September 21st, 2010 at 11:38 AM ^

which way playcalling would shift if coaches viewed it as 4 downs to get 10 yards instead of 3. If it's, say, 3rd and 4, would we be more likely to see plays "expecting" to get 2-4 yards assuming players execute their assignments, knowing that there's a very short 4th down if you don't get 4? Or would we be more likely to see plays with lower chances of success but "expecting" to get potentially huge yardage (downfield bombs, trick plays).

Personally, I tend to agree with you that the playcalling might get more conservative in terms of expected yardage to gain, to get to a manageable 4th down (3rd and 7, run Denard on a keeper if you hope he can get 8, but "expect" he can get 5).

As Mathlete suggests, perhaps some coaches would view it as more opportunities to take bigger risk/bigger reward gambles on playcalling.

I'm sure there isn't enough data using 4th downs (as well as it not being a consistent strategy). Perhaps the Canadian game is so different that it doesn't approximate, but I'd be curious at how "expected yardage" per play differs in 3-down CFL games, if that stat is even quantifiable.


September 21st, 2010 at 1:03 PM ^

Defenses think their job is complete if they hold on 3rd down. I'd imagine the mental aspect comes into play if the defense knew they had to defend all 4 downs and it could prove to be an advantage there as well. Teams used to doing their job for 3 downs would now be extended to doing the same for 4 downs, physically and mentally.


September 21st, 2010 at 1:27 PM ^

It's ingrained into just about everyone's head.  I mean everytime the defense stops a team on 3rd down, the bobbleheads will say, "Well they are forced to punt now".  There is nothing in the rulebook that says you have to punt on 4th down.  Put me in the camp of people that would like to see more coaches going for it on 4th down.  Especially when you are within the opponents 50 and even more especially if you are down.  but I think the key is that you use surprise because if you make it predictable, teams will clamp down on 4th downs as well.

Steve Levy Sucks

September 21st, 2010 at 10:45 AM ^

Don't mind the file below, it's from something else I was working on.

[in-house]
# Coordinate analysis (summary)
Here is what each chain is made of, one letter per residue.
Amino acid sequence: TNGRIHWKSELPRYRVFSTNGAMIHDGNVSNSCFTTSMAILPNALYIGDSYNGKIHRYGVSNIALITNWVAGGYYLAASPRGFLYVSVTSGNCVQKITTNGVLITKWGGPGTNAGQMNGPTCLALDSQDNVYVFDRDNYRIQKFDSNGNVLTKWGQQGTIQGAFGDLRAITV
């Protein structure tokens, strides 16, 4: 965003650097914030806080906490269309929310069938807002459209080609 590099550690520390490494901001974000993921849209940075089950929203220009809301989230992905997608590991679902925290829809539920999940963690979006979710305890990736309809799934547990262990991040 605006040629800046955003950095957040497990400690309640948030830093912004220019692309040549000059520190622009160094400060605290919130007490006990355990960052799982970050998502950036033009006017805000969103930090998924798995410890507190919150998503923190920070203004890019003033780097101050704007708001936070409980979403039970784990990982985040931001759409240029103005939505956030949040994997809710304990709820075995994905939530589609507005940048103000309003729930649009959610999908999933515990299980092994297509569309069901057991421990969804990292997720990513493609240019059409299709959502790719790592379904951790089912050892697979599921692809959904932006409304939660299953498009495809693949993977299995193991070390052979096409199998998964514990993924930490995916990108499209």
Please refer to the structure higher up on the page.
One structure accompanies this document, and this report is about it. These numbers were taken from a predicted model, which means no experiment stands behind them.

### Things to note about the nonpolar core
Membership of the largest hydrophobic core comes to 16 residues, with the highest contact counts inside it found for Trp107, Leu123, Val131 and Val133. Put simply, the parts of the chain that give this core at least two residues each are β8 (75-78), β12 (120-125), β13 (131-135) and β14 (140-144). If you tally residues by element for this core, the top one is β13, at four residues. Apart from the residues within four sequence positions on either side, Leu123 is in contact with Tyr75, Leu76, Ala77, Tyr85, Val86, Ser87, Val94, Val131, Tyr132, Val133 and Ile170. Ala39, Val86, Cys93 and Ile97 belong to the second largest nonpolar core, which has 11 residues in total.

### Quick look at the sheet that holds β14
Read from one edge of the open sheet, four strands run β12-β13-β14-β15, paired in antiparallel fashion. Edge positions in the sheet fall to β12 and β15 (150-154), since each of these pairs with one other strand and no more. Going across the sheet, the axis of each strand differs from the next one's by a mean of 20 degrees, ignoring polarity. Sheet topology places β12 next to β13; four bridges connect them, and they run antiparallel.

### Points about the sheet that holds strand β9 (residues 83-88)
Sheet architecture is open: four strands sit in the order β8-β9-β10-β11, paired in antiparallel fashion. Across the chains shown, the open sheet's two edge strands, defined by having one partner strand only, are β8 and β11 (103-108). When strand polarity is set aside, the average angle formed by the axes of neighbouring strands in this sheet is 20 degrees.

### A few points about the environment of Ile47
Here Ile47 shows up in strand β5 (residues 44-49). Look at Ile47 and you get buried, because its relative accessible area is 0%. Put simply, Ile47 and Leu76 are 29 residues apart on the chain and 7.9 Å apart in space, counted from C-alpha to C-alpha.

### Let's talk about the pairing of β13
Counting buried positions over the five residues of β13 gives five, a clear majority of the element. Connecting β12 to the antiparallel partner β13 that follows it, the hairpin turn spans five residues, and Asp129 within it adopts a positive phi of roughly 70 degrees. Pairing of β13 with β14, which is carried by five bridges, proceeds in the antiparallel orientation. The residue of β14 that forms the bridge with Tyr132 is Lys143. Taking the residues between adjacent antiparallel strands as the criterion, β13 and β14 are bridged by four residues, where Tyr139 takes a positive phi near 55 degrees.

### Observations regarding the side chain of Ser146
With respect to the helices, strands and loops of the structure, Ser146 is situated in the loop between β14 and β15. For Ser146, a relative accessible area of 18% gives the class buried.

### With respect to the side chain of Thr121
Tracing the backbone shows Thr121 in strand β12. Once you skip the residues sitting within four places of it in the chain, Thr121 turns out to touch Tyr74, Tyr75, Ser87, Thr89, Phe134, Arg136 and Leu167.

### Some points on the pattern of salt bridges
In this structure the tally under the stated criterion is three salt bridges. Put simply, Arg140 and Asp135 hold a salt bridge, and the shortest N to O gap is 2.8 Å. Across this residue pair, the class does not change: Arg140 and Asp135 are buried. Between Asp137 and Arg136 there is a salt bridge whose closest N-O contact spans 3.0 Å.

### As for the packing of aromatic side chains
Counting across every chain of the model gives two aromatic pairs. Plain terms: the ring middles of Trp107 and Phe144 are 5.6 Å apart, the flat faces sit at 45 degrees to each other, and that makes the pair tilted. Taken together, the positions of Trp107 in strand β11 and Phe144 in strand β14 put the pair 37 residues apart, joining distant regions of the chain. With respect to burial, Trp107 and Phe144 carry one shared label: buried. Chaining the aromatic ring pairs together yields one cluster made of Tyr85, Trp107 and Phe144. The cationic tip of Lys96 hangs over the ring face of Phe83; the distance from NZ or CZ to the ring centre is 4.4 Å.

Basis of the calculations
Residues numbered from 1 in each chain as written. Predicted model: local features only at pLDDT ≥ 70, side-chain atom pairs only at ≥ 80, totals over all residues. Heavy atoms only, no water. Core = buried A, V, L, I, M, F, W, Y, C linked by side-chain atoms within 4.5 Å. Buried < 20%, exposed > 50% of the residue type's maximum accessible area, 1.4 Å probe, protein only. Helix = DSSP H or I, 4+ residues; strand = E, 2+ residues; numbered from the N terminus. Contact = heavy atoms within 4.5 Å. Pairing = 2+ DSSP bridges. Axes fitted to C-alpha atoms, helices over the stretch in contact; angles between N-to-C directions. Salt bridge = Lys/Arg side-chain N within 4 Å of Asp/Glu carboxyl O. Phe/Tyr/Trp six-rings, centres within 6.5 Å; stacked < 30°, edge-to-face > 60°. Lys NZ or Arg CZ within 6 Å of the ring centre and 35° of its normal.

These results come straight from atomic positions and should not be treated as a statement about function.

to read that we assume Michigans offense will be in the top 20.  I'm sure this is a concensus, but I love watching this offense.  I've almost gotten to the point where I expect a touchdown on every drive.


September 21st, 2010 at 10:49 AM ^

As someone who thinks math and detailed analysis ought to be far more important in sports and literally explode every time a coach talks about his "gut" this chart is the best thing since Moneyball and I love every single thing that's ever been done with it.

How far into the game do we have to be before it is a "late game scoring situation" and the score starts to come into play?


September 21st, 2010 at 11:02 AM ^

The chart doesn't make common sense to me.  Let's assume  a great D gives up 15 pts or less per game and a bad D gives up 30 pts or more.  Wouldn't it make sense that at any given starting point, the great D would give up half as many points as the bad D?  Your chart appears to say that a great D will give up 80-90% of the points a bad D does regardless of starting point (the graphs are so close together all the way up the chart).

This flies in the face of logic to me.  I guess I need to know what constitutes your bad D and good D.


September 21st, 2010 at 3:54 PM ^

He is plotting Expected points on a given posession when you know the starting field position.  As I understand it he looks at all drives that are 1st and 10 on the 20 yard line (as an example).  Then he looks at the results of those drives.  (Commence the faking of data)

  1. In 50% of those drives, the team punts or has a turnover.  (0pts)
  2. In 30% of those drives, the team kicks a field goal.  (3pts.)
  3. In 20% of those drives, the team scores a TD.  (7pts.)

So the expected points is:

0*.5+3*.3+7*.2 = 2.3 points


Now more to the point about your question.  Don't great Defenses give up <20 ppg when bad defenses give up >30ppg?  Well, yes, they do.  But the chart isn't talking about total points in a game.  It is talking about expected points per drive.  Now if the difference is about 0.5 points per drive and there are an average of 10-15 drives per game, then we are talking about a difference of 5-8 points per game based on "goodness of defense".  Maybe this is too narrow of a difference, but I also know that he throws out a bunch of things from his analysis (like PR/KR TDs and INTs returned for TDs and fumbles returned for TDs iirc.)


September 21st, 2010 at 11:00 AM ^

Great article, a follow question:

If you adopt this strategy instead of a traditional, 'take the field goal' strategy, due to a poor field goal unit, what is the average impact on your scoring offense per drive?


September 21st, 2010 at 11:10 AM ^